When a franchisee dies, the fate of the franchise will depend on the laws of the state where the franchise is located. This is because when it comes to the death of a franchisee, each state has different regulations regarding the transfer of a franchise. To know the regulations in the state of New York, you can get the advice of an experienced New York franchise lawyer.
For instance, when a franchisee dies in California, the surviving spouse, heirs, and estate of the deceased franchisee must be given the opportunity to participate in the ownership of the franchise for a reasonable time after the death.
When a franchisee dies in Arkansas, Nebraska or New Jersey, the franchisor may not restrict the sale, transfer, or issuance of any securities of the franchisee or prevent the sale, transfer, or issuance of shares of stock or debentures to heirs of the principal owner of the franchise. This is true as long as the basic financial requirements of the franchisor are complied with, and any such sale, transfer, or issuance does not result in a sale of the franchise.
Are you a franchisor or a part of a franchise sales team? Do you want to learn more about franchise sale compliance and ensure that your sales practices comply with franchise laws and are consistent with best practices? Then this guide is for you. In this guide you’ll learn the... read more
In this guide you’ll learn the basics of franchising, how to franchise your business, and how to win at franchising. We’ll also take a deeper dive into legal requirements for franchising and why they matter, steps to take before and after you launch your franchise, and even some tips on... read more
When considering expanding a business both franchising and licensing are possible options. In this guide, you'll learn the differences of franchising and licensing and understand how each will affect you. read more
Are you considering franchising your business? If so, its important to understand the advantages and disadvantages of franchising your business. Franchising is a legal and business model designed to achieve multi-unit expansion. Compared to organic expansion where you invest in and open multiple locations yourself, franchising allows you to recruit... read more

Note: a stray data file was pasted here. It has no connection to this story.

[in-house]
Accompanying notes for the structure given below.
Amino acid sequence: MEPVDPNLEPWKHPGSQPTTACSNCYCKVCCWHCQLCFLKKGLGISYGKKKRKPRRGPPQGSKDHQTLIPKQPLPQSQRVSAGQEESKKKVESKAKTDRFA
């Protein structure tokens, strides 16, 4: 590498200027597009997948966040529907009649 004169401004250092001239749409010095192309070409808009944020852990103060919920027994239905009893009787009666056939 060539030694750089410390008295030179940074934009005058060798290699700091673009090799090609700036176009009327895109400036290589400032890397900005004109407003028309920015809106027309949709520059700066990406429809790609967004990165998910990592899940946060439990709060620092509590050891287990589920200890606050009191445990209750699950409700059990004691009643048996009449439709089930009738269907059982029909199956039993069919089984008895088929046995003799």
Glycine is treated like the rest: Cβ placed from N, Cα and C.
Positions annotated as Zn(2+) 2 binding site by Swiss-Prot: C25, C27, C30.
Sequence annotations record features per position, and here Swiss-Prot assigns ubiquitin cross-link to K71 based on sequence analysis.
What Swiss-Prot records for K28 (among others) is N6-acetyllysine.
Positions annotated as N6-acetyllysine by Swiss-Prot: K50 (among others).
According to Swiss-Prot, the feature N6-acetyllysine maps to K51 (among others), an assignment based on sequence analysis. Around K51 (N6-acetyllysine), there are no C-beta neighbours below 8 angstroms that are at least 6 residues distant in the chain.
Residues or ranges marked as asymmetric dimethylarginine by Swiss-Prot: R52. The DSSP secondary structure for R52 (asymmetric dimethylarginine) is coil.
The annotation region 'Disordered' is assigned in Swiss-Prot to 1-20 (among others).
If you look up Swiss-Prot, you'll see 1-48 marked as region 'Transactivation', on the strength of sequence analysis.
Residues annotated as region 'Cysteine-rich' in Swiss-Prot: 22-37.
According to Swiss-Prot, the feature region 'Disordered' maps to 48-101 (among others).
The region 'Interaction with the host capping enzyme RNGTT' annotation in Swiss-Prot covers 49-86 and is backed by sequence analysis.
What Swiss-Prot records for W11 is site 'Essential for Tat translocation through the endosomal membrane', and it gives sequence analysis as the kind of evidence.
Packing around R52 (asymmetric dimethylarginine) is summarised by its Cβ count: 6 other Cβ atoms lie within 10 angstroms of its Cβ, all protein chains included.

The documents to franchise your business include the franchise disclosure document (FDD), franchise agreement, operations manual, financial statements, and state specific registration applications. Below we discuss each franchise document in detail. 1. Franchise Disclosure Document Before you can offer or sell a franchise you are required to issue and disclose... read more
Franchising may be the next big step for your business and represents an opportunity to grow your brand. So, how do you know if franchising is right for you? How do you know if your business is franchisable and, if it is, whether or not you should franchise your business?... read more
In this webinar, Charles Internicola and Laura Meyer, founder of Joybrand Creative, talk about how to position your brand to win at franchise sales. Some topics include: How franchisors can develop their brand strategy How to differentiate your brand strategy between your targeted end-user customers and prospective franchisees for franchise... read more
In this webinar, Charles N. Internicola, Esq. and Lisa Welko, CFE of Integrity Franchise Group discuss what it takes to make your brand attractive to franchise brokers and sell to qualified franchisees. Selling franchises and building a durable franchise system - all comes down to being a "good franchisor," making... read more
Key strategies to accelerate franchise growth for startup and emerging franchisors In this webinar, franchise attorney Charles Internicola and Nick Powills, founder of No Limit Agency and 1851 Franchise, discuss key strategies to accelerate franchise growth through PR and digital media. Some topics include: Steps franchisors should take when it... read more
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